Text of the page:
I had a very unusual conversation with an HR manager awhile ago.  We were talking about the value of careful reference and background checking, and I was asked what it would cost to complete a thorough reference check.  I replied that, depending on the position, a standard three-reference report would be about $400.

The response was, “Oh, we’d never spend that much just to check references.  As a matter of fact, we’re very proud of the fact that our average cost-per-hire is less than $300.”

Later in the conversation, he asked if we could do exit interviews.  I said we could and asked him what their annual turnover rate is.  “Oh, nearly 40%,” was the answer.  I couldn’t help thinking, “Have you stopped to calculate what it’s costing your company to replace 4 out of every 10 of your employees every 12 months?  You’re spending more to replace – not to mention, train – new people than you would ever spend if you were more careful about whom you hired in the first place!”

Having done an extensive survey of our clients, we have learned that the actual out-of-pocket cost of hiring the wrong person for the job, regardless of the reason, is three times the annual salary for that position!  In other words, if the job pays $50K per year, the total cost associated with hiring the wrong person (including all the costs associated with replacing that person) will be approximately $150K!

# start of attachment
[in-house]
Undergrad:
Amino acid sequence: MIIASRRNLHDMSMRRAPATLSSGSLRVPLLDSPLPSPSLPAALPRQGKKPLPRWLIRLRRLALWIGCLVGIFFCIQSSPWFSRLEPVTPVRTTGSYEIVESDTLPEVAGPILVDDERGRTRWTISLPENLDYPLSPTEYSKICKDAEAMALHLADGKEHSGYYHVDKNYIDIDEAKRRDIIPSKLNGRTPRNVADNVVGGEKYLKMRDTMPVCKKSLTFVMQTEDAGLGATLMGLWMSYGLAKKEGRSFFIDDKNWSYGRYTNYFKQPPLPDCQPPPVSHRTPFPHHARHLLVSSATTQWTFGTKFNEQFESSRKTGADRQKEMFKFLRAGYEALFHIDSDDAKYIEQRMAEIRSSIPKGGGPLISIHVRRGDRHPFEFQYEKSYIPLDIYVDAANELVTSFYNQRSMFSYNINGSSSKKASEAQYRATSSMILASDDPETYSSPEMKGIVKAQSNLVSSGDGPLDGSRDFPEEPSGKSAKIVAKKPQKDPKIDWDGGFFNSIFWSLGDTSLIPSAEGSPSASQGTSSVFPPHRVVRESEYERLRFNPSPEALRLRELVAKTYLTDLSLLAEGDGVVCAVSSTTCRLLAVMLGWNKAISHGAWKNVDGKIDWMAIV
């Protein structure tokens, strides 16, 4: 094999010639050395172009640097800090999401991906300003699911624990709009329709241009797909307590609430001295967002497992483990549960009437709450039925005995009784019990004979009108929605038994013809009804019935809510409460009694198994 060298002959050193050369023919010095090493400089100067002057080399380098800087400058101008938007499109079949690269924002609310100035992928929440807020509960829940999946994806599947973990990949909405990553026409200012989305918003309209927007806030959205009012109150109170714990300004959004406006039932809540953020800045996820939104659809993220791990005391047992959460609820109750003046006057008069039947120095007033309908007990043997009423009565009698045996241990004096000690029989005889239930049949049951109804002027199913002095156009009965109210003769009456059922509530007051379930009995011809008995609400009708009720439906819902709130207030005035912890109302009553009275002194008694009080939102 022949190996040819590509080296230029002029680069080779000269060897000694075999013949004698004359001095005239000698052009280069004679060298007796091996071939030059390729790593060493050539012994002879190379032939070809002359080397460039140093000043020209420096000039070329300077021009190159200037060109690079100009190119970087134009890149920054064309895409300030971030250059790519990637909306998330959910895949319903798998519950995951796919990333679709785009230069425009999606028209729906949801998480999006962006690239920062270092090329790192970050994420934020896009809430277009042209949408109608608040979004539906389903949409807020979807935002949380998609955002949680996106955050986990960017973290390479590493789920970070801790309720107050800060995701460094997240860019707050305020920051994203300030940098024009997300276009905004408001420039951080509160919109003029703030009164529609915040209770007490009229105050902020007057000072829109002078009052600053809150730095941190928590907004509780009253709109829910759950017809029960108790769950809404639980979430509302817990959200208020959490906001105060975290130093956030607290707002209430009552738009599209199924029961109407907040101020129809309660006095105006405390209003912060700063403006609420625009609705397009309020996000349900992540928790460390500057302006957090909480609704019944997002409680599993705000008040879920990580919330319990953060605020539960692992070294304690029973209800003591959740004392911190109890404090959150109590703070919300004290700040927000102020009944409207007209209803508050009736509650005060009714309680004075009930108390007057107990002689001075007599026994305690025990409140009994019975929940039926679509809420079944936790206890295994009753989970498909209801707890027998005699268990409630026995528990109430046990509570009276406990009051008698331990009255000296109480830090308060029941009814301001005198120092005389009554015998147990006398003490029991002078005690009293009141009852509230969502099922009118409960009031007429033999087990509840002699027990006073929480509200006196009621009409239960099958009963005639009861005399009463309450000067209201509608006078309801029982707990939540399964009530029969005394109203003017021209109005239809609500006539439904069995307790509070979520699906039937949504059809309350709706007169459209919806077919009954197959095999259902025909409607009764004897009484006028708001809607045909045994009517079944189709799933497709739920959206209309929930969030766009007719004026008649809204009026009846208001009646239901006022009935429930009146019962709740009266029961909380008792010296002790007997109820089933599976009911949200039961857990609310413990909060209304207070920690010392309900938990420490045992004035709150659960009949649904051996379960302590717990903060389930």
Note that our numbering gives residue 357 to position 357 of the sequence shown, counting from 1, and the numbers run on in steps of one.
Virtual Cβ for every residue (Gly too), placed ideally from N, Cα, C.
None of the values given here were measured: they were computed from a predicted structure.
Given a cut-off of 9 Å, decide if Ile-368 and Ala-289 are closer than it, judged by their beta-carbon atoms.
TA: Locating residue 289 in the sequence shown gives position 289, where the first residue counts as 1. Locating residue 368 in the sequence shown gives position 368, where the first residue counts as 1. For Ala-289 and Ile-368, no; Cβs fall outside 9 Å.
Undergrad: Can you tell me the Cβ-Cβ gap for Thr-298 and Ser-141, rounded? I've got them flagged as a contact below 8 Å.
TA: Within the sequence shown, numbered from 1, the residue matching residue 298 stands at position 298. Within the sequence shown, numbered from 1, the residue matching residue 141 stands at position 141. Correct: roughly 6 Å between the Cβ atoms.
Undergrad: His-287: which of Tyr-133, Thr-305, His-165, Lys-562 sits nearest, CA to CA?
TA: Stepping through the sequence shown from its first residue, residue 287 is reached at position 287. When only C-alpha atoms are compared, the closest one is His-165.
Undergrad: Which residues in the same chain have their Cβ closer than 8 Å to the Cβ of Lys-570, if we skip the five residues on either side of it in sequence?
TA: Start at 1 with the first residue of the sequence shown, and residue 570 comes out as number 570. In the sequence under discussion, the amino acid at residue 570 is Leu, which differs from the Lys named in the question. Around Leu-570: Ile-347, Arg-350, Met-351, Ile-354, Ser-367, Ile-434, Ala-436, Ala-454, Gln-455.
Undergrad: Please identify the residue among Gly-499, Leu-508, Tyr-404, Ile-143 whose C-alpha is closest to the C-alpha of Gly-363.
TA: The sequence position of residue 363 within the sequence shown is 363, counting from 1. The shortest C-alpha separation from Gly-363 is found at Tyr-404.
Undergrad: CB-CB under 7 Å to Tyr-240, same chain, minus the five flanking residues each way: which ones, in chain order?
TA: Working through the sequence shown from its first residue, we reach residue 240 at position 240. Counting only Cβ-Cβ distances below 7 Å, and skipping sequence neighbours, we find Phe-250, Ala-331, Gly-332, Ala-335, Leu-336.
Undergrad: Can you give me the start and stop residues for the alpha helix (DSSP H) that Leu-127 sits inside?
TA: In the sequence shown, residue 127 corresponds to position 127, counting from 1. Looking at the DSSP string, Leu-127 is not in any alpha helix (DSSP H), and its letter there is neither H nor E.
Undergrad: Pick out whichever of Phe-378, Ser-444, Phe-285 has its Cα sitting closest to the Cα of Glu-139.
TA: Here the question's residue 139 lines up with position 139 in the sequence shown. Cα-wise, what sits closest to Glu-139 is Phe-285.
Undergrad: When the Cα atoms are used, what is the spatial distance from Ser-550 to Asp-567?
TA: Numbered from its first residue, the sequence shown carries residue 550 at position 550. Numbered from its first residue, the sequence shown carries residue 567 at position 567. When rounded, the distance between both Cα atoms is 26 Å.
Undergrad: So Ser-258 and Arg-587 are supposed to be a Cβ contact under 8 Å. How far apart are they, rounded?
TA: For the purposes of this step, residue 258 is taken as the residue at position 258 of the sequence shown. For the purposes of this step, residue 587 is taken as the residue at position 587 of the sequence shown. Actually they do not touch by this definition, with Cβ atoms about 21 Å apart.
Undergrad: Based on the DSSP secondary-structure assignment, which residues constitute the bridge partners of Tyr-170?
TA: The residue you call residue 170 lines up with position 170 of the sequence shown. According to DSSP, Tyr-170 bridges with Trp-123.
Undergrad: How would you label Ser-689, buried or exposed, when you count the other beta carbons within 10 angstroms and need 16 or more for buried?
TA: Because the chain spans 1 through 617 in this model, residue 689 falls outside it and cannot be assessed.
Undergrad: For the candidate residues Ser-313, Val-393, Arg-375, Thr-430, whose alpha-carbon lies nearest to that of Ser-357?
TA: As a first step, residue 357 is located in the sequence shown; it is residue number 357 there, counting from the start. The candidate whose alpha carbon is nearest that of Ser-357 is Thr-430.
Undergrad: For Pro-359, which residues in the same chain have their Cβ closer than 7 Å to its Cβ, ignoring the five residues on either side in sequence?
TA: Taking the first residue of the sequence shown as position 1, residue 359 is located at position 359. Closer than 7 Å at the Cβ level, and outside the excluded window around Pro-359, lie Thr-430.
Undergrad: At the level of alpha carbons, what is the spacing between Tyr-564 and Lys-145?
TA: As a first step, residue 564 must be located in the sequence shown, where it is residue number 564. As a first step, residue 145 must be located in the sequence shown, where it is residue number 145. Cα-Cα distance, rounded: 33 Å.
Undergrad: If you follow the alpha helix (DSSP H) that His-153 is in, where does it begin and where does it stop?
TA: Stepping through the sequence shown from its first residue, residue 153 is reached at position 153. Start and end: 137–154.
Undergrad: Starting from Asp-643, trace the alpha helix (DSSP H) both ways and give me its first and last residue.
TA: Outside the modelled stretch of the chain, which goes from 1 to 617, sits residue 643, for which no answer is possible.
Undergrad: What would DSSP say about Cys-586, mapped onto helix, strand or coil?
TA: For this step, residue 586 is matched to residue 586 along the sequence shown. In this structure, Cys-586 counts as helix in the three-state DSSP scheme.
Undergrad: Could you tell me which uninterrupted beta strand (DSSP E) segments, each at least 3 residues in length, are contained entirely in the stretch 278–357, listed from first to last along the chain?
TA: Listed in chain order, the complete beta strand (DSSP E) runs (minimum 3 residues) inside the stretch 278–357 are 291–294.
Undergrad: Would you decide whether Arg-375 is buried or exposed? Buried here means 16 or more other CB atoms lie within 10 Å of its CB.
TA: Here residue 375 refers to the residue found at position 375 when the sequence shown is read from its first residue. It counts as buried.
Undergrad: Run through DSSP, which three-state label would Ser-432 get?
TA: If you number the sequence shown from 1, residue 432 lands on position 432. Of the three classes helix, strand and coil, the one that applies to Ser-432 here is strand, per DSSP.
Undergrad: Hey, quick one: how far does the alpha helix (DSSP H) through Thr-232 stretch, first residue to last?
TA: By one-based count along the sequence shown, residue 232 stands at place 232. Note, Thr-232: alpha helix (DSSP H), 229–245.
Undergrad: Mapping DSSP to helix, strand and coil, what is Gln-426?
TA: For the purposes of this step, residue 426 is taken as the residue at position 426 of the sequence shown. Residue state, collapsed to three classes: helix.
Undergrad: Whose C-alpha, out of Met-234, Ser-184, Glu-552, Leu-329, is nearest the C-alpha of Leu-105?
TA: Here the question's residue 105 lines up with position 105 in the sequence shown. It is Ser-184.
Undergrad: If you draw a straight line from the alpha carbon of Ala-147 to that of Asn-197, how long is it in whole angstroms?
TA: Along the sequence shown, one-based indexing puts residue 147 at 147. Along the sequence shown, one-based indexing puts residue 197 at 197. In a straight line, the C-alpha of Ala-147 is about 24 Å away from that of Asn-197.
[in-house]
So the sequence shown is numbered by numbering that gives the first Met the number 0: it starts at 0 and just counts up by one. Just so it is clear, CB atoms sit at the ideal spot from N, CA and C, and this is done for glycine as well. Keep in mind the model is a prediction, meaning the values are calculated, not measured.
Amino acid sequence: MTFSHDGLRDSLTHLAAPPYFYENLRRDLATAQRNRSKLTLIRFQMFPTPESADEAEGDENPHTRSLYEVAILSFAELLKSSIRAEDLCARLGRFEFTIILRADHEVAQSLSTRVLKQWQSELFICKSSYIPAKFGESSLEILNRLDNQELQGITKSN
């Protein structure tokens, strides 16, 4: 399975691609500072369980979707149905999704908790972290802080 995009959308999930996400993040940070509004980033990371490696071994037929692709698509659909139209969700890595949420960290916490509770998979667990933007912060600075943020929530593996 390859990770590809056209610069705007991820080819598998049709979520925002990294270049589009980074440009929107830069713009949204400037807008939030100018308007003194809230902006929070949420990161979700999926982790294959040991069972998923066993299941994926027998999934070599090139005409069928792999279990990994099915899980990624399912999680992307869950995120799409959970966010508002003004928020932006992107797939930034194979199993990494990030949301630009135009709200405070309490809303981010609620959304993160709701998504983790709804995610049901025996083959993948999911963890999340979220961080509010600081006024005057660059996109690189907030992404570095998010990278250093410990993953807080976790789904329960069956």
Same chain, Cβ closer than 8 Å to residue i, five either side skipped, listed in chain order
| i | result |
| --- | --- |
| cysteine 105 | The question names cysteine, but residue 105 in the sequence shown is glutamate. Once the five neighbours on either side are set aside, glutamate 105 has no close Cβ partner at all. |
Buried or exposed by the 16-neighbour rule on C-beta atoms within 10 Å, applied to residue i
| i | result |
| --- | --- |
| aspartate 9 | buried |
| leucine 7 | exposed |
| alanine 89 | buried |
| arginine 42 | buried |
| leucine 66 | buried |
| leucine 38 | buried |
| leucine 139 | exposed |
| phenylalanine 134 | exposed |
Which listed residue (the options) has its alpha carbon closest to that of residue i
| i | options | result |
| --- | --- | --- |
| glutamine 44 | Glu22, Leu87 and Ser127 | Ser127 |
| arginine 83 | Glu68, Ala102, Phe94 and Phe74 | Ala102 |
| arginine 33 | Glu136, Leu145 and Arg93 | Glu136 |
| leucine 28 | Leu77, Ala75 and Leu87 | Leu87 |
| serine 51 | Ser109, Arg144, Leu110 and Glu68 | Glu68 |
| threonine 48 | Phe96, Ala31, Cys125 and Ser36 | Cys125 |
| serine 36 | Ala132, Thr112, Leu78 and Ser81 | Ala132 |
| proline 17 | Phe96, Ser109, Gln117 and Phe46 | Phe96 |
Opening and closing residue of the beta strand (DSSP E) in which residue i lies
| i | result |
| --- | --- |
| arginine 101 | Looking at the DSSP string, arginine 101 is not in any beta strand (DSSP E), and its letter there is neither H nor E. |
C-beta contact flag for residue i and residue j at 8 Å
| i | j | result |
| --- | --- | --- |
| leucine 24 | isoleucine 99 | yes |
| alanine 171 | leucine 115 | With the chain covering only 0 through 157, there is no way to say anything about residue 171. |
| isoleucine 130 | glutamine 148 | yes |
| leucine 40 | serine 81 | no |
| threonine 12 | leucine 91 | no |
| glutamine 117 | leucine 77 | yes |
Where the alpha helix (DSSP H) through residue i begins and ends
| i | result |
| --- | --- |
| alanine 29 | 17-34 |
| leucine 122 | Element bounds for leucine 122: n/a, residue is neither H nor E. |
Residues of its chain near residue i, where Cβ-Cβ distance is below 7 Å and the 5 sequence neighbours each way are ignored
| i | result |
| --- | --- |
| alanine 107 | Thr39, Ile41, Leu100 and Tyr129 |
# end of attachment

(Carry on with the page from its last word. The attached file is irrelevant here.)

That amount is calculated by adding up the pre-employment costs, such as running ads and bringing candidates in for interviews, along with the costs of pre-employment screening, the cost of training, the amount of salary, and the value of the benefits already paid out, plus the cost of duplicating that entire exercise to find a replacement.  And that total doesn’t include the less obvious costs that can accrue from loss of business, damage to the company’s reputation, and potential harm to the morale of the people within the organization.

The point, simply restated, is that it’s much less expensive to ensure that the best person is being hired the first time around.  The smart strategy, therefore, is to do everything possible to make the most informed hiring decision, rather than run the risk of a seat-of-the-pants hiring decision that could backfire and result in an annual turnover rate of 40%.

The cost-per-hire may go up, but turnover costs will drop precipitously!